Asked if his race pace will be enough to fight or simply hang on, Ocon replied: “I think first we have the race pace to hang on. We will definitely aim to attack, obviously in front.

“But that will be another story, the track temperature will go up, it will be hard to manage the tyres but we are aiming for big points.”


Fernando Alonso Díaz

(Spanish pronunciation: [feɾˈnando aˈlonso ˈði.aθ] (About this soundlisten); born 29 July 1981) is a Spanish racing driver currently racing for Alpine in Formula One. He won the series’ World Drivers’ Championship in 2005 and 2006 with Renault, having also driven for McLaren, Ferrari and Minardi. With Toyota, Alonso won the 24 Hours of Le Mans twice, in 2018 and 2019, and the FIA World Endurance Championship in 2018–19. In 2019, he won the 24 Hours of Daytona with Wayne Taylor Racing.

Born in Oviedo, Asturias to a working-class family, he began go-karting at the age of three and achieved success in local, national and world championships. Alonso progressed to car racing at age 17, winning the Euro Open by Nissan in 1999 and was fourth in the International Formula 3000 Championship of 2000. He debuted in Formula One with Minardi in 2001 before joining Renault as a test driver for 2002. Promoted to a race seat in 2003, Alonso won two drivers’ championships in 2005 and 2006, becoming (at the time) the youngest pole-sitter, youngest race winner, youngest world champion, and youngest two-time champion in the sport’s history. After finishing third with McLaren in 2007, he returned to Renault for 2008 and 2009 and won two races in the former year for fifth overall. Alonso drove for Ferrari from 2010 to 2014, finishing runner-up to Sebastian Vettel in three tightly-contested title duels in 2010, 2012, and 2013. A second stint with McLaren from 2015 to 2018 resulted in no further success.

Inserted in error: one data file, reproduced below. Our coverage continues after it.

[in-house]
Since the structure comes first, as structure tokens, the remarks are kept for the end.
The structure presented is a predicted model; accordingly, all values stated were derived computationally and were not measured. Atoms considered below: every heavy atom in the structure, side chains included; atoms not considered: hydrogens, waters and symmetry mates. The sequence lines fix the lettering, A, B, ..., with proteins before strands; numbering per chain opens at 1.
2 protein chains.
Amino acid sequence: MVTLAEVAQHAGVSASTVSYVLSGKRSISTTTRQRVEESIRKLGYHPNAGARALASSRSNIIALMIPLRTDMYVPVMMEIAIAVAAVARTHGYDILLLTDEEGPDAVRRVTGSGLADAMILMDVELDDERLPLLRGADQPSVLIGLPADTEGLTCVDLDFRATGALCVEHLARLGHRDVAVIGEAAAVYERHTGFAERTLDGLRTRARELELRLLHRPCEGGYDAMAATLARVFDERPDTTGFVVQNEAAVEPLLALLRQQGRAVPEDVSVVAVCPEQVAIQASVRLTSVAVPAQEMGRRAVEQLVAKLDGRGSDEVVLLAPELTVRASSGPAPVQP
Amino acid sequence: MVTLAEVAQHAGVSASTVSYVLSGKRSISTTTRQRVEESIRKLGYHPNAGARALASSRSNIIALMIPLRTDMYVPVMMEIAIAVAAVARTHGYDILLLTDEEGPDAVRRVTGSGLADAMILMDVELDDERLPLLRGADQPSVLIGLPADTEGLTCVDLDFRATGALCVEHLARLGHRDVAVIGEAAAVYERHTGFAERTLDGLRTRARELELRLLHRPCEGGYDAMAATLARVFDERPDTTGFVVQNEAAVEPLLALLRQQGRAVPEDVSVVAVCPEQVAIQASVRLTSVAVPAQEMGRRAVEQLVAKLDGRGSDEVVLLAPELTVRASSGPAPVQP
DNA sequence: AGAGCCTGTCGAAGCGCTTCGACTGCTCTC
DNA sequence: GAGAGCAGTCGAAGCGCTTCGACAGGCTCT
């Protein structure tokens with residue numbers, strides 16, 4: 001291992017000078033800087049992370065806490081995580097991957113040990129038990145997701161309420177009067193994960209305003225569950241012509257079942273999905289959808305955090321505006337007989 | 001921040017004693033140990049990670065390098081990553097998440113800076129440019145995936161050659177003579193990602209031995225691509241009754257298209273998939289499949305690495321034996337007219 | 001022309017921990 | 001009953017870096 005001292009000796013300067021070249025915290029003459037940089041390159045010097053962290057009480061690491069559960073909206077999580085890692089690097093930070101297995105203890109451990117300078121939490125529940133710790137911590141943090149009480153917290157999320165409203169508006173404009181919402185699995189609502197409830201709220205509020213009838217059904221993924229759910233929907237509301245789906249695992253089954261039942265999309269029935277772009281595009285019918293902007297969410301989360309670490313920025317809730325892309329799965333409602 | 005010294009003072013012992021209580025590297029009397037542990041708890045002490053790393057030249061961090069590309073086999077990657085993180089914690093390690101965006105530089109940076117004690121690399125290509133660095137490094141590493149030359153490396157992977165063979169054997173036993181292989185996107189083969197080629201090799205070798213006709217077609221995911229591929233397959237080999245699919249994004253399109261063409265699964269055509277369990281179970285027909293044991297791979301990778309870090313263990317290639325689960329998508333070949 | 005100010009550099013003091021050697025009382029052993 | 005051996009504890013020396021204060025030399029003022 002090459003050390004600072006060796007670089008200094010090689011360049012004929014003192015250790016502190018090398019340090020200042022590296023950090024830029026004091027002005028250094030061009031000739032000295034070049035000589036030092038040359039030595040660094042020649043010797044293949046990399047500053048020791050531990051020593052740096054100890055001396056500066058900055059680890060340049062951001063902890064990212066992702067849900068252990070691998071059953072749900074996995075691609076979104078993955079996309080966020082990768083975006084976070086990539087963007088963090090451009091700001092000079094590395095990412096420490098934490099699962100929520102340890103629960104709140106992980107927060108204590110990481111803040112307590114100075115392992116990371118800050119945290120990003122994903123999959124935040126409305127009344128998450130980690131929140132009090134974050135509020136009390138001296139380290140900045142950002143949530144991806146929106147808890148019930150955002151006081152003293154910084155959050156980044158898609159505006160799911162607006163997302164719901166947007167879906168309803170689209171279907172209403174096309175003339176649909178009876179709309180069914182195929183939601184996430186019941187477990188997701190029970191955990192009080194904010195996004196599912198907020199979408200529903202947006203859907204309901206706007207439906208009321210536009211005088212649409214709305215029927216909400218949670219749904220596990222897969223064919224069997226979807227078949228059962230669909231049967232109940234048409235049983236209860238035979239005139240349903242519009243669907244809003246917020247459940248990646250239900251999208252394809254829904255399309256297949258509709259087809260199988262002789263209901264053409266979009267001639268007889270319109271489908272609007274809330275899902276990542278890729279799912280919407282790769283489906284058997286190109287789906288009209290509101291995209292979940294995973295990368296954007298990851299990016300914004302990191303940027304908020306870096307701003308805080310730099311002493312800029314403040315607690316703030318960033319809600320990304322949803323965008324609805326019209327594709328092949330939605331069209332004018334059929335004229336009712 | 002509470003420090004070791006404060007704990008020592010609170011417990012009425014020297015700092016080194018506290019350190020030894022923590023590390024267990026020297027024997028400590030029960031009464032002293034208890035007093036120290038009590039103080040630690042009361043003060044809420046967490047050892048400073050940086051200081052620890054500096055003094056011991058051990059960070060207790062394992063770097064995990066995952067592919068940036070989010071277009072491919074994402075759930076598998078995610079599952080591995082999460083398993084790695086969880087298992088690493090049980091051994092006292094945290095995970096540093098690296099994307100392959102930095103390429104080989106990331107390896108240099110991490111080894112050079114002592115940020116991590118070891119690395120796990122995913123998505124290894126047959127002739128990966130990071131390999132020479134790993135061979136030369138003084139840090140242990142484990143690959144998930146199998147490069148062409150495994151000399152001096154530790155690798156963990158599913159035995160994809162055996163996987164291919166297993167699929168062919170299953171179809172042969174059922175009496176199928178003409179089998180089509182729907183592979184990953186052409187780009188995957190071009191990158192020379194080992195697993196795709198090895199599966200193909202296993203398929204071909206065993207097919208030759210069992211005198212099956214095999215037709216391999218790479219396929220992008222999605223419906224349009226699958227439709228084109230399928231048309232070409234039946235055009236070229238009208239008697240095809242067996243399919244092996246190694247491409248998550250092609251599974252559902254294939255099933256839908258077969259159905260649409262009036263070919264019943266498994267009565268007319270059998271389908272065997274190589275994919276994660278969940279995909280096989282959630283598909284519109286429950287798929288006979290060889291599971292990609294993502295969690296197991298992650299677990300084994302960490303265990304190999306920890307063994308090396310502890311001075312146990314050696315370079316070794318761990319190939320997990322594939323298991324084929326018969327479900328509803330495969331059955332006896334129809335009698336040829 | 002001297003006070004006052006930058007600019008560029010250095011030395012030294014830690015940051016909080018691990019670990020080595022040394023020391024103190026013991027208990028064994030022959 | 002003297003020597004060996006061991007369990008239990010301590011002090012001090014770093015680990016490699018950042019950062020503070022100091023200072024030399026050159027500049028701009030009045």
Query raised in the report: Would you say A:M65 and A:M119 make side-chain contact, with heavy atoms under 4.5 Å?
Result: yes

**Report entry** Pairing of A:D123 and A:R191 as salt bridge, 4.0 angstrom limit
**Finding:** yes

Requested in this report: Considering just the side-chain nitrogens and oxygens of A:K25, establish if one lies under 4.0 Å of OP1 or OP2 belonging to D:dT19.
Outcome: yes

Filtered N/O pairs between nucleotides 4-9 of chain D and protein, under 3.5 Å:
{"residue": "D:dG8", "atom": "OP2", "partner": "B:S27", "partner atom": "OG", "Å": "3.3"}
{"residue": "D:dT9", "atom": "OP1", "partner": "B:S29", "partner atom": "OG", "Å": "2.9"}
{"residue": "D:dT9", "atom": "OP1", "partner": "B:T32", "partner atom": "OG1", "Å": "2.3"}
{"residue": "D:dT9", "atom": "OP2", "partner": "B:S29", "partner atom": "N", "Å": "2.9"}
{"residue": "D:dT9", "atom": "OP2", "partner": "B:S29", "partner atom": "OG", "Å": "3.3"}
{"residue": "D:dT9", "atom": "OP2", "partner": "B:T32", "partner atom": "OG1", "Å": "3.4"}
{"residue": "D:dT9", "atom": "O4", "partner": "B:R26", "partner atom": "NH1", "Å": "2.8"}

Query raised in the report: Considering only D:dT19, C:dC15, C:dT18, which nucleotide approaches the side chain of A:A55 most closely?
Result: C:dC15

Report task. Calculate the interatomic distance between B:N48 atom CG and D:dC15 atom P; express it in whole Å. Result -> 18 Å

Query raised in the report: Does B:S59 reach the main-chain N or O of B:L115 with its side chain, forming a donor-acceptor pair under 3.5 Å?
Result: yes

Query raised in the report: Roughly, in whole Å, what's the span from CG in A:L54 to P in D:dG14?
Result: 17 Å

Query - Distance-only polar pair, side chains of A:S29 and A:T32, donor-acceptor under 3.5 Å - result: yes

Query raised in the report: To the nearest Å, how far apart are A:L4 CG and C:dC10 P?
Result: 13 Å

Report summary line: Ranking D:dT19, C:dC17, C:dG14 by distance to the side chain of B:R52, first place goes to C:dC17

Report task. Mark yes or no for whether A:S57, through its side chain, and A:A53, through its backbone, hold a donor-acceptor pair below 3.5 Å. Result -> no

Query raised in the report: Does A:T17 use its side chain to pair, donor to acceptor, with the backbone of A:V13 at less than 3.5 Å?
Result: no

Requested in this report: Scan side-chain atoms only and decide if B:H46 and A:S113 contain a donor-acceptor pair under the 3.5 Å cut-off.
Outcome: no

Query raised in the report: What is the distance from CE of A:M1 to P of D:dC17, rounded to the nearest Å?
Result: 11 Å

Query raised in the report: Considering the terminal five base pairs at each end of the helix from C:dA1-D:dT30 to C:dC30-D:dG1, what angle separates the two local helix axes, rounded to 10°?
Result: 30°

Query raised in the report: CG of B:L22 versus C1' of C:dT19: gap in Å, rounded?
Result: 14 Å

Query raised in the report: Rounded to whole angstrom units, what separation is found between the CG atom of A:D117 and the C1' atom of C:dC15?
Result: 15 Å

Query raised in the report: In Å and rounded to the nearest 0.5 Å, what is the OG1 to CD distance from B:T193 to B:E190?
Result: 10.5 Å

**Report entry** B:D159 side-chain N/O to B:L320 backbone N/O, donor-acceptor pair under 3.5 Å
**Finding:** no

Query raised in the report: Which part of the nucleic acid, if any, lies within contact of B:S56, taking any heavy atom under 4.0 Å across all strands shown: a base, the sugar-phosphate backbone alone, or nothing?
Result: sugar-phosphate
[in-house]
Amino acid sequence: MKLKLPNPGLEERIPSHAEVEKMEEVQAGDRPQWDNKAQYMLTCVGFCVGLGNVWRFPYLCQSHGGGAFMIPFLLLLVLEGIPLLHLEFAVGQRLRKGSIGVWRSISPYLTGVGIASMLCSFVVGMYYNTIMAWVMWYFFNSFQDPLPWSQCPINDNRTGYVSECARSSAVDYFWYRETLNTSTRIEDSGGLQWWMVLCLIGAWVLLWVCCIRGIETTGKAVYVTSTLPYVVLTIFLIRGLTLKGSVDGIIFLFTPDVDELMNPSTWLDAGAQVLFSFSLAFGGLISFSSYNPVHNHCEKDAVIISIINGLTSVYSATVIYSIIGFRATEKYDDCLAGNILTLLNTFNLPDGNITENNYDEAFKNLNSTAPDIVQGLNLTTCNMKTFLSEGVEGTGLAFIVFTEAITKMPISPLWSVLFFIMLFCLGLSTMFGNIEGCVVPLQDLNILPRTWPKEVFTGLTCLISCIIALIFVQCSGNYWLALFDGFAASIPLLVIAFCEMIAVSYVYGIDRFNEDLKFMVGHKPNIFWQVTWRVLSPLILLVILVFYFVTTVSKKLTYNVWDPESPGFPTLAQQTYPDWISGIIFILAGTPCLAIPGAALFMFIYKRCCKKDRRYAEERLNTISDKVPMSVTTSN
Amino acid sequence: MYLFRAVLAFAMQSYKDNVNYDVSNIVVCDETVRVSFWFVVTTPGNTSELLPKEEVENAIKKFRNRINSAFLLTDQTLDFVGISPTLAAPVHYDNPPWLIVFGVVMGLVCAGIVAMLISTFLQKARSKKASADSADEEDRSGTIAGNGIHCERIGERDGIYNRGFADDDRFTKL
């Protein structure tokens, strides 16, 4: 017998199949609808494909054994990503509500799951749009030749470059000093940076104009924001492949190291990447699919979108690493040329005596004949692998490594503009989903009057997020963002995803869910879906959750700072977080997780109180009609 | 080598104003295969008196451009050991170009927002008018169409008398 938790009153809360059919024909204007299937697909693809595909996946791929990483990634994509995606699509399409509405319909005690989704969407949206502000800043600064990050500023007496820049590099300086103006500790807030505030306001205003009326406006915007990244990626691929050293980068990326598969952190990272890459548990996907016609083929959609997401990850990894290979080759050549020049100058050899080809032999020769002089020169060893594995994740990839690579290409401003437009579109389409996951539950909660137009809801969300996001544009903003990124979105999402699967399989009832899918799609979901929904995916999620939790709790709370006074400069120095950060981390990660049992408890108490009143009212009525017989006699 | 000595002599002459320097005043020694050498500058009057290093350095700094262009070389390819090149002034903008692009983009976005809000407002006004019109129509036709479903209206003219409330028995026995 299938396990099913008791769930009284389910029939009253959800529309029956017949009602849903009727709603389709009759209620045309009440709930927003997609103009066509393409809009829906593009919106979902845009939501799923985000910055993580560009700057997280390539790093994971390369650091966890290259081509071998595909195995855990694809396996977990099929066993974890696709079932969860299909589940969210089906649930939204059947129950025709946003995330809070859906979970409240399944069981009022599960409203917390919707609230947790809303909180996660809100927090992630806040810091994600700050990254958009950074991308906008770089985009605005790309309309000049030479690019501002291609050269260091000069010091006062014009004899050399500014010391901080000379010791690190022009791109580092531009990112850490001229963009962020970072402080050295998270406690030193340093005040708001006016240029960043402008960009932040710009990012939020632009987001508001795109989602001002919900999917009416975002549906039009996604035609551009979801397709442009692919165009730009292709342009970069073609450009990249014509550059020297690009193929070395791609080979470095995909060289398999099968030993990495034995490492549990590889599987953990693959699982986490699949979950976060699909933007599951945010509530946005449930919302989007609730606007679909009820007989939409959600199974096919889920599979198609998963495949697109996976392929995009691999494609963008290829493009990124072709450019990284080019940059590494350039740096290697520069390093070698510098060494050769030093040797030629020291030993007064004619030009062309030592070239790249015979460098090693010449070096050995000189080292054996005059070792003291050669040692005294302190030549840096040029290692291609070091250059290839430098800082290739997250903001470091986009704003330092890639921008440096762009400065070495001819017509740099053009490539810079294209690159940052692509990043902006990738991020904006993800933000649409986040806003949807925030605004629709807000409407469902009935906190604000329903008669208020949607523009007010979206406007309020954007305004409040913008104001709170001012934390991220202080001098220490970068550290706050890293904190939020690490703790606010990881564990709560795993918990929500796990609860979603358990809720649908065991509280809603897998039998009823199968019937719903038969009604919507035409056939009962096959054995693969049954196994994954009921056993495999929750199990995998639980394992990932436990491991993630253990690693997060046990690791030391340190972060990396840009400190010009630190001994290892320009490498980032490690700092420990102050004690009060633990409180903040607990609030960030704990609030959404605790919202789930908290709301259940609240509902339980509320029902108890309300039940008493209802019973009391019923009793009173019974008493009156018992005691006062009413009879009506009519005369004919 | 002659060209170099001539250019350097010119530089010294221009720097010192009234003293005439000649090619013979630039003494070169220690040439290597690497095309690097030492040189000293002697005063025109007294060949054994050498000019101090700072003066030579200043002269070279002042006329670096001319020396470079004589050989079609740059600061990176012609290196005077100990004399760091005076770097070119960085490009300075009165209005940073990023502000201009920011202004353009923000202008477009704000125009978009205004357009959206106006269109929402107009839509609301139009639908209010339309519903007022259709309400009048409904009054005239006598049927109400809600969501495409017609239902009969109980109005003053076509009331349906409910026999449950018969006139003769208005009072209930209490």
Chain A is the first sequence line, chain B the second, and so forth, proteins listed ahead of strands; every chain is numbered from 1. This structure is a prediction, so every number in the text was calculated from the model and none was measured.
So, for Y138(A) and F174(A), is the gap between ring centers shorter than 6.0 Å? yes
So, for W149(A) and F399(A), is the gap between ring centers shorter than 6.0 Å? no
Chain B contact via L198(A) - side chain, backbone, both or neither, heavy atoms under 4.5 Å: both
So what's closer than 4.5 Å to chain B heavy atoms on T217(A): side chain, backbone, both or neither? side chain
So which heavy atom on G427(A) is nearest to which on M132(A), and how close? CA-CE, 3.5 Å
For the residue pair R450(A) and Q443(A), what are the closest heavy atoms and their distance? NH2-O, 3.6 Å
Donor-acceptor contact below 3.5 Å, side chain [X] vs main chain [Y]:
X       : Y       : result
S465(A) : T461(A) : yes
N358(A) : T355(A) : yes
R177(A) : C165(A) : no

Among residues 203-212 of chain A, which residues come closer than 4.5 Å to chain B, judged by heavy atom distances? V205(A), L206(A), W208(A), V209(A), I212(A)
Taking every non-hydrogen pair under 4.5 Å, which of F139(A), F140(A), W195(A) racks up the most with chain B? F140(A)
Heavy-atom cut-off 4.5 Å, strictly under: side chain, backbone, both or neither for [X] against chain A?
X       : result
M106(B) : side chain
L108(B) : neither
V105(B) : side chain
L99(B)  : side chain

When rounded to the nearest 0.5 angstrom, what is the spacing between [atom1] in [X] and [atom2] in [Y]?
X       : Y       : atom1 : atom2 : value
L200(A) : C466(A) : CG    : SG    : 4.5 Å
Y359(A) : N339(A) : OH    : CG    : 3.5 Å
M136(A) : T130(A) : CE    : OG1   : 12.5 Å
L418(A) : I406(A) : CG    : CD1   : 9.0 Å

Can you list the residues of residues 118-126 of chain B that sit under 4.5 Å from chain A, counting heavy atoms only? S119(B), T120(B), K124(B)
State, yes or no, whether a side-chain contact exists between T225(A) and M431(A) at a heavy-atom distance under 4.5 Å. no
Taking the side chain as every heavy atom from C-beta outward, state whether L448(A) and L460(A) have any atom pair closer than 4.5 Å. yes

At the time of his first retirement, Alonso had won 32 Formula One races, 22 pole positions, and 1,899 points from 311 starts. He is currently the only Spanish Formula One driver to have won either a Grand Prix or the World Championship. He won the 2001 Race of Champions Nations Cup with the rally driver Jesús Puras and the motorcyclist Rubén Xaus for Team Spain and thrice entered the Indianapolis 500 in 2017, 2019 and 2020. Alonso has been awarded the Prince of Asturias Award for Sports, the Premios Nacionales del Deporte Sportsman of the Year Award and the Gold Medal of the Royal Order of Sports Merit and has twice been inducted into the FIA Hall of Fame. He runs an eSports and junior racing team and is a UNICEF Goodwill Ambassador.



Is Fernando Alonso single?